Q: I know what a “mash up” is – a digital recording that combines elements from different musical works – but I can’t find the term in my dictionary. What’s going on here?
A: Not all terms make it into all dictionaries, especially not all at once.
I can’t find the expression “mash up” (or “mash-up” or “mashup”) in the two references I consult most: The American Heritage Dictionary of the English Language (4th ed.) and Merriam-Webster’s Collegiate Dictionary (11th ed.).
But I do see an interesting draft entry for “mash-up” in the Oxford English Dictionary, with a published reference for the term going back a century and a half, well before anyone ever dreamed of making digital mash ups.
In the earliest citation, as well as a couple of recent ones, the expression meant a “mixture or fusion of disparate elements,” according to the OED. A character in an 1859 play, for instance, is said to speak “a mash up of Indian, French, and Mexican.”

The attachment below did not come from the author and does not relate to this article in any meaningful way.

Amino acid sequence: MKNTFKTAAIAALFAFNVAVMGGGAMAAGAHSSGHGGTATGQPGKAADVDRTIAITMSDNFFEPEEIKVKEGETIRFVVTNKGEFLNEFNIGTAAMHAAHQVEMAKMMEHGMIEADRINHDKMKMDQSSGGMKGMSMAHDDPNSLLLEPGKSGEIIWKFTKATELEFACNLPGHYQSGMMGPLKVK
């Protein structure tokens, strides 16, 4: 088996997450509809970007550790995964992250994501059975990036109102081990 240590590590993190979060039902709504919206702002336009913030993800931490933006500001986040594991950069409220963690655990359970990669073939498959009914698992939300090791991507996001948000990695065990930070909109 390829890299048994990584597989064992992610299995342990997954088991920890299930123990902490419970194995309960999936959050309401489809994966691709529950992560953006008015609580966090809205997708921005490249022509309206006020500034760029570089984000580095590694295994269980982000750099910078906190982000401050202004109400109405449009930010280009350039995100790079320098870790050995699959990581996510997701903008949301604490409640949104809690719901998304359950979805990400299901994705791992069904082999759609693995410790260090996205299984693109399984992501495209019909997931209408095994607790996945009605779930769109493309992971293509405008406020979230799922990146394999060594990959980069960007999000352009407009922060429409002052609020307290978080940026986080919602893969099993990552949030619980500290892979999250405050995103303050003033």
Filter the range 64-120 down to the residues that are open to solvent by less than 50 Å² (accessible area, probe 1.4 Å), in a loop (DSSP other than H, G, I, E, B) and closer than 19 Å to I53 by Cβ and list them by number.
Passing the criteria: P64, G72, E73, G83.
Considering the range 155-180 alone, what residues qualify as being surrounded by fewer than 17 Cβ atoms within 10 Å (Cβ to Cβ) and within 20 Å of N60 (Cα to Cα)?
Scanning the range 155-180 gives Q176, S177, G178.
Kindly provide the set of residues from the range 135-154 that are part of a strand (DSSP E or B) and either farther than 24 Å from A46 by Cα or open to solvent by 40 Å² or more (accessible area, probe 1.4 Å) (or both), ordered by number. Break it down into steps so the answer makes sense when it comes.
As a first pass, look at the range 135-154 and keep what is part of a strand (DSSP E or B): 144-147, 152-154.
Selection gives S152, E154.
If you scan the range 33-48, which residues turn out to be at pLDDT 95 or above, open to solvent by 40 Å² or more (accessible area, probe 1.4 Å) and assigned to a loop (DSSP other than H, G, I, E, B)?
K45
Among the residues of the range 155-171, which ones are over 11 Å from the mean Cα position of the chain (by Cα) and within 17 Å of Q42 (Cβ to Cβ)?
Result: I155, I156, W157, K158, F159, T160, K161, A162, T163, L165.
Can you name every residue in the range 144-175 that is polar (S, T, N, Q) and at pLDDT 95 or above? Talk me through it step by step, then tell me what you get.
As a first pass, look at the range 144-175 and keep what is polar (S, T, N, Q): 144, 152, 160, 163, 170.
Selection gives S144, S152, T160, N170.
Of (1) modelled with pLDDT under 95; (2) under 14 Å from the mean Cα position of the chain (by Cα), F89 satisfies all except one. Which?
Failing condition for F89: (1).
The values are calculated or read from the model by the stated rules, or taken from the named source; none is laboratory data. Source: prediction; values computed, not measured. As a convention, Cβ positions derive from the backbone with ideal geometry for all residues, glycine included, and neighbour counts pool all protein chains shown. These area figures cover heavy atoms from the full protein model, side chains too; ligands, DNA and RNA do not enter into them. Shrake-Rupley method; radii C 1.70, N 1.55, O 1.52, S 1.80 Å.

The OED says the term was rarely used before the late 20th century, when it took on its musical meaning. Here’s how the dictionary defines the term now:
“A fusion of disparate musical elements. Now usually: a piece of popular music created by merging the elements of two or more existing songs using computer technology and production techniques, esp. one featuring the vocals of one song over the instrumental backing of another.”
The first published reference in the OED for this usage comes from a June, 1994, article in the Times of London: “So what is Jungle, this frantic, weirdly fragmented mash-up of eerie samples, dub bass lines, jittering snare drums, ragga chat and soul vocals and why should we care?”
The term, spelled “mashup,” has another meaning in computer technology – a Web page or application that combines data from two or more sources. Example: a real-estate site with data from MapQuest and a multiple listing service.
Buy Pat’s books at a local store or Amazon.com.